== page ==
Optimism over Brazil hybrid rule change
A feature that makes it tougher for Brazilian banks to sell Basel III-compliant hybrids might be changed, say market sources
central bank is considering changing a regulation that has held
back banks' sales of hybrid tier one instruments, sources say.
Brazil's version of Basel III rules, the global framework that
governs bank capital, does not allow hybrids to offer a coupon
the country's largest banks are lobbying the regulator to
change the rules - and they could have success, said Enrico
Bentivegna, partner at Pinheiro Neto. "Based on our experience
with the Central Bank, I wouldn't say it's very likely, but it
is likely, that the Central Bank would change [the rule] if
it's shown that it would be detrimental to their own banks in
resets, common in European bank capital instruments, mean a
security's interest rate is changed at the first call date to
reflect movements in the underlying benchmark.
features give investors some comfort over an instrument's
long-term yield if it is not called at the first
doubt Brazilian banks are disadvantaged by not having this tool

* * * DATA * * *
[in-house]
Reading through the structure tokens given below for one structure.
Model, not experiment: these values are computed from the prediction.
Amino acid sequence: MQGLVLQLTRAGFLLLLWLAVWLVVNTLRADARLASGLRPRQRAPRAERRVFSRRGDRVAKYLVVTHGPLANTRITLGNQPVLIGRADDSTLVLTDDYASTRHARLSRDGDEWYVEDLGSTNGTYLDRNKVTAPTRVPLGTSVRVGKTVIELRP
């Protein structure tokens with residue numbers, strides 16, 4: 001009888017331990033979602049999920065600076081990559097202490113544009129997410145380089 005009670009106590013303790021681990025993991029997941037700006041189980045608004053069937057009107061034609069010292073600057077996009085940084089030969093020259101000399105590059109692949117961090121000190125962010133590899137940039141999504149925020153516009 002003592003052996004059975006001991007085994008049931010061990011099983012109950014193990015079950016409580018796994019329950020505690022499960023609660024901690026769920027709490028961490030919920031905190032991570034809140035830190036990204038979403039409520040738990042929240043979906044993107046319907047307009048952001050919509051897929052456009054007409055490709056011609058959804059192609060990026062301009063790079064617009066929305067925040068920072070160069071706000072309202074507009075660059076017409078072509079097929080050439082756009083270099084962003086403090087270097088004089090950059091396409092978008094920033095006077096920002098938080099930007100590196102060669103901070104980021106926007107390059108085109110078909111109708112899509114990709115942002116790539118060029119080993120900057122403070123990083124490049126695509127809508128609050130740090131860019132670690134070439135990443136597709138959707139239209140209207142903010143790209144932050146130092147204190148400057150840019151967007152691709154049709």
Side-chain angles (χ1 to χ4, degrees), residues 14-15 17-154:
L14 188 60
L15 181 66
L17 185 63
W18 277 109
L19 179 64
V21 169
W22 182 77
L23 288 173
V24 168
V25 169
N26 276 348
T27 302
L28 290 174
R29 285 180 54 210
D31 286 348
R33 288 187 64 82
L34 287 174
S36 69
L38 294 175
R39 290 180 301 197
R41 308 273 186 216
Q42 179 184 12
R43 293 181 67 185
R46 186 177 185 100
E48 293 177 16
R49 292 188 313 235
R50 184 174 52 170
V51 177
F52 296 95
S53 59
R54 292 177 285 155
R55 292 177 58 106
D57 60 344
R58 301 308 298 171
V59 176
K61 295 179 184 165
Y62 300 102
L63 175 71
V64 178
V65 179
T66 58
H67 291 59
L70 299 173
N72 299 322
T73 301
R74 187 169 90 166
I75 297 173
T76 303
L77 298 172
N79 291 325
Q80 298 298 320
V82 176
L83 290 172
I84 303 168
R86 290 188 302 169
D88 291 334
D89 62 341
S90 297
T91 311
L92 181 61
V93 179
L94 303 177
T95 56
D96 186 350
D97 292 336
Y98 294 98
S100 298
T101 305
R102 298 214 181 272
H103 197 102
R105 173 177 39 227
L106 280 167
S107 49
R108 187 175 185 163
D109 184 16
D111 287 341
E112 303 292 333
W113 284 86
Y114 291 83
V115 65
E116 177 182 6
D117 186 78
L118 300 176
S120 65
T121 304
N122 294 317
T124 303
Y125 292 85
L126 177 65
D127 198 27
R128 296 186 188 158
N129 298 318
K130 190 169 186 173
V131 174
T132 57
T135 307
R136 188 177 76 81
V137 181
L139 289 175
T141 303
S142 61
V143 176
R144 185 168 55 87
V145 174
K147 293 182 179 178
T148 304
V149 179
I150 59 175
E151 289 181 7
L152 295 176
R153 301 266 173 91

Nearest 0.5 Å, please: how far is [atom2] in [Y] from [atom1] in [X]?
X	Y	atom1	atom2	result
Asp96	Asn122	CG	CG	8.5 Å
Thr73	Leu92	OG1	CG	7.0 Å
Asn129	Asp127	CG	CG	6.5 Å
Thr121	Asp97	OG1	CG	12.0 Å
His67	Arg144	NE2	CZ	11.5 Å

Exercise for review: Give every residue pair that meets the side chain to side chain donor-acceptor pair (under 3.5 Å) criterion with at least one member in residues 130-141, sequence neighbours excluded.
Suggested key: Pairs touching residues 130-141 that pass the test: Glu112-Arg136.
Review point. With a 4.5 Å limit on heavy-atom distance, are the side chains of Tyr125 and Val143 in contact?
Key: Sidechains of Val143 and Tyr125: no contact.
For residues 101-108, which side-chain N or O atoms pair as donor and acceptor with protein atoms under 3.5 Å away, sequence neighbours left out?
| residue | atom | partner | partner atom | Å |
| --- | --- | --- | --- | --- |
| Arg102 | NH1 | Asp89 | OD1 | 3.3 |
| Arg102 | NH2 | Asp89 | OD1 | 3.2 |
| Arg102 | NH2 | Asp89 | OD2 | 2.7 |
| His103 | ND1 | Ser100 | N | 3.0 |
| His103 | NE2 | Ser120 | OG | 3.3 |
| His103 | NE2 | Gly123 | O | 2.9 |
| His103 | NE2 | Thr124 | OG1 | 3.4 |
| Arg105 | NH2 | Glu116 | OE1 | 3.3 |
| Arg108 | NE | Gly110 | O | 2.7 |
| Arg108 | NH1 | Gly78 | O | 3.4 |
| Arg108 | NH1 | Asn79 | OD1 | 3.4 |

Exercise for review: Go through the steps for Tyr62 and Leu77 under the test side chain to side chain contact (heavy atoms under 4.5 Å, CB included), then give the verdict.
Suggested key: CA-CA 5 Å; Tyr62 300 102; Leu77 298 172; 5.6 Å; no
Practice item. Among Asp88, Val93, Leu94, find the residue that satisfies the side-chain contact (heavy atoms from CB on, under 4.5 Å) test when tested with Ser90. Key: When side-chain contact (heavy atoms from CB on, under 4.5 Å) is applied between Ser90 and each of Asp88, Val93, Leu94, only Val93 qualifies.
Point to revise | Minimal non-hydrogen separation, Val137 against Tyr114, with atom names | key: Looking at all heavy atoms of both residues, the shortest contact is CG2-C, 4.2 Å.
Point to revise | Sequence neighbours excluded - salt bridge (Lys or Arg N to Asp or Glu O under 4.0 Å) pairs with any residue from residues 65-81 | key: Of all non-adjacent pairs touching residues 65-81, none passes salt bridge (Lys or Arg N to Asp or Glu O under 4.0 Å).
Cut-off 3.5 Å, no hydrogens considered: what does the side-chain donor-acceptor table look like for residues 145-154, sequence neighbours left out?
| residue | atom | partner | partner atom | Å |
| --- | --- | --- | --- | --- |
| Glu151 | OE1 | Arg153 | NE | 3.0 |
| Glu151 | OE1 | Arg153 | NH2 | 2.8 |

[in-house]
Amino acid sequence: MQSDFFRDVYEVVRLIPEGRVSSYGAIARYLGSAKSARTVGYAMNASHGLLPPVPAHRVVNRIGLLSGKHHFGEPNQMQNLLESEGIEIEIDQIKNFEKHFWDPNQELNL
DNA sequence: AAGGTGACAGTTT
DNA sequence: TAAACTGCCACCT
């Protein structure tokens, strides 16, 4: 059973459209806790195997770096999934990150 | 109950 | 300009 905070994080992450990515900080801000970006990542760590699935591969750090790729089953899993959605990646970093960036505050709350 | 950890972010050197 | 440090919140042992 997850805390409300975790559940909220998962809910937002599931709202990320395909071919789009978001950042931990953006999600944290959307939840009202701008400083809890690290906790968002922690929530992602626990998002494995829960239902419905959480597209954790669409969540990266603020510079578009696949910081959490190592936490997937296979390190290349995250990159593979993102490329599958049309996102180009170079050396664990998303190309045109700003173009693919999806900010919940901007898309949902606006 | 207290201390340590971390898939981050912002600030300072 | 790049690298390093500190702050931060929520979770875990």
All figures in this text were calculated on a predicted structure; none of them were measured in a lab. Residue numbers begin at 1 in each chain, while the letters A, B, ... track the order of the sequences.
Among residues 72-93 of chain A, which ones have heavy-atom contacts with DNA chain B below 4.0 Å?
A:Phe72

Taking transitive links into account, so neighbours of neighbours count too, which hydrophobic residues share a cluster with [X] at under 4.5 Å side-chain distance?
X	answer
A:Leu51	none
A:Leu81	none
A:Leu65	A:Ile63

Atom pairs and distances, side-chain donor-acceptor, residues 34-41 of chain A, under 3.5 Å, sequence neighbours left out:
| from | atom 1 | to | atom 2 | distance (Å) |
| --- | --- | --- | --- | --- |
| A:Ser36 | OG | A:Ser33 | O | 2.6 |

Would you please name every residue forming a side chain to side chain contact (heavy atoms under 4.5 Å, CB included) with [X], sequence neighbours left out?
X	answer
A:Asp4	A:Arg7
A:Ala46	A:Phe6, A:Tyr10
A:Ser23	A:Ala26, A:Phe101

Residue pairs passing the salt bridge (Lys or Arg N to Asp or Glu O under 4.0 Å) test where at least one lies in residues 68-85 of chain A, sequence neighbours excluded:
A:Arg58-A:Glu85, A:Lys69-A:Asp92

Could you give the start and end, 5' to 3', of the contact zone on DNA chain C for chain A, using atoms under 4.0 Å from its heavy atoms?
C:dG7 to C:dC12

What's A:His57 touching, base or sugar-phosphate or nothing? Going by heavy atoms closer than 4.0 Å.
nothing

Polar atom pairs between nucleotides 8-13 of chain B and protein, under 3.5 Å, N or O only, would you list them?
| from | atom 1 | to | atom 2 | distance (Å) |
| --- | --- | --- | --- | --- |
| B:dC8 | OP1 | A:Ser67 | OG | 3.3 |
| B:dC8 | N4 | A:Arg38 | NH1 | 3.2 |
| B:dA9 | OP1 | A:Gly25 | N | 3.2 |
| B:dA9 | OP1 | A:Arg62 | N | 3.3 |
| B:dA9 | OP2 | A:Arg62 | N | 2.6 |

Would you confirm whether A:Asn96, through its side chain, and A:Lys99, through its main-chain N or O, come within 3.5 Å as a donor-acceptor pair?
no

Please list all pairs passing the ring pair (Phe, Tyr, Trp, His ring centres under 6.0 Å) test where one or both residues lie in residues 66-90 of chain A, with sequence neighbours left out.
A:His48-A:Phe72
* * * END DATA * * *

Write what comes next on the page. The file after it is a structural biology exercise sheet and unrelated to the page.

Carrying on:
available to them at the moment compared to their peers," said
Robert Whichello, global head of syndicate at BNP Paribas.
"It's possible that they could have market access without the
reset. But that access is going to be less often, and will
probably come with a cost."
Brasil is the country's only lender to sell a new-style hybrid
tier one instrument. Most
recently, it sold a 6.25% $2bn perpetual non-call 11-year
instrument in January last year. That deal came before Brazil's
regulator had finalized its implementation of Basel-III, and
was structured in such a way that the borrower could alter the
terms of the security to comply with the final
regulator has prohibited coupon resets on the grounds that they
make hybrid securities less equity-like. "It's important to
realize that regulators are looking at these hybrids not only
from the holders' perspective - more importantly, they're
looking at them as a banking regulator," Alejandro Garcia,
LatAm FIG analyst at Fitch Ratings said.
securities are supposed to be loss-absorbing. From the
perspective of the robustness of a banking industry, there's an
argument for a fixed-rate because ultimately, it's important
these securities are permanent….
there's a reset that happens when the bank is going through
some stress that could put more pressure on the bank," said
Latin banks have strong capital ratios and have made
limited use of hybrid capital in the past.
spoke at LatinFinance's 12th Brazil Issuer & Investors'
Forum in Sao Paulo on Wednesday. LF